On 12 September, the defenders made a daring and ferocious sortie. Kriechbaum had ordered to prepare large quantities of sickles with long handles, and wooden boards with long protruding nails. Burning wooden beams were also thrown on the besiegers.
On 13 September, the defenders made another sortie using the same stratagems.
On 14 September, Ivrea was submitted to a heavy battering fire and mines exploded.
In the night of 14 to 15 September, the defenders made another sortie. Hand-to-hand combat was becoming more and more ferocious, desperate.
On September 15, Vendôme finally made himself master of the San Nazario Redoubt, which had strenuously resisted for 15 days. However, as soon as the French took possession of the redoubt, the defenders blew it up, killing 160 men on the spot and wounding another 140. Nevertheless, the defensive system of the Fortress of Ivrea was now collapsing.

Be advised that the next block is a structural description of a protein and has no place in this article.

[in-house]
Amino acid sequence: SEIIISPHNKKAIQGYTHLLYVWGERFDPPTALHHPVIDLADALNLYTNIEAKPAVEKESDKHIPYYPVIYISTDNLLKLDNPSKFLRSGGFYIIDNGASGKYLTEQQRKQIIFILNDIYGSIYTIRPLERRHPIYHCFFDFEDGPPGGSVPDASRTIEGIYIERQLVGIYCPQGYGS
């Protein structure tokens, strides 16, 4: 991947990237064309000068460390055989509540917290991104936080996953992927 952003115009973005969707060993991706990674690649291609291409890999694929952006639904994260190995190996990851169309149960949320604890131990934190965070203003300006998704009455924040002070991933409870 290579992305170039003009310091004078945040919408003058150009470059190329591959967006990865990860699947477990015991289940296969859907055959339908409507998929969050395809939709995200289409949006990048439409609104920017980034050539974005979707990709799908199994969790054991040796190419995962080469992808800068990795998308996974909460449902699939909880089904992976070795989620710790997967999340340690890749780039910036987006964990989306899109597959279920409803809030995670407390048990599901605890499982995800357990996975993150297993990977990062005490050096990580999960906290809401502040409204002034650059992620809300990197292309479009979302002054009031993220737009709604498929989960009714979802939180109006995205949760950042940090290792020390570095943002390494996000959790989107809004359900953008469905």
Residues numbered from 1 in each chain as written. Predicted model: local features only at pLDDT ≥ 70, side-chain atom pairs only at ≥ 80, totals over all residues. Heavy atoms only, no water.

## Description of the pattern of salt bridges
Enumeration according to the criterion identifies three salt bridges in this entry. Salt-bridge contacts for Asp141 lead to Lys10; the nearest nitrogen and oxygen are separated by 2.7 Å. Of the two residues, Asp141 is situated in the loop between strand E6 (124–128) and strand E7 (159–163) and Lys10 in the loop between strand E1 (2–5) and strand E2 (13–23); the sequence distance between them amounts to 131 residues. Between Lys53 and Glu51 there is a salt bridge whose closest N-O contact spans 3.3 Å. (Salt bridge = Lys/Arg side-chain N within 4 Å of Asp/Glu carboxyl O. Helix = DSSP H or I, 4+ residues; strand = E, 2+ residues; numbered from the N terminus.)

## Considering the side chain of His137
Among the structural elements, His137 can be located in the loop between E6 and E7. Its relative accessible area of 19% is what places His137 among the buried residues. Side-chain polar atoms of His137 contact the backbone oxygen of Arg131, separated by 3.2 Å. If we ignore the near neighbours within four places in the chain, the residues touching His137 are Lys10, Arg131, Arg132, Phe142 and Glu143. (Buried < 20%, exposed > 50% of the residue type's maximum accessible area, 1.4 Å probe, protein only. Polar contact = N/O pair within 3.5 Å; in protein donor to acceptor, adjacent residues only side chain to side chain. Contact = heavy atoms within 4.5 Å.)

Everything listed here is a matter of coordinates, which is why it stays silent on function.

In the night of 15 to 16 September, Major-General Lothringen at the head of a strong detachment attacked the escort of a French convoy near Azeglio. However a reinforcement of 600 horse was immediately sent from the French camp and Lothringen retired.
By 16 September, the besiegers were masters, after fierce fighting without quarter, of all outworks and almost all bastions. The walls were so ruined by bombing that they could no longer be defended. The garrison of Ivrea asked to negotiate the terms of the capitulation for the town. Vendôme insisted that these terms should include the castle and the citadel. This clause being rejected the cannonade resumed.
On 18 September in the morning, Kriechbaum evacuated the town of Ivrea and demolished the bridge. 32 officers and 600 men took refuge in Fort Castiglio, while Kriechbaum retired to the citadel and the castle with 148 officers and 1,630 men. M. de Chemerault immediately entered Ivrea and dispositions were taken to attack the castle.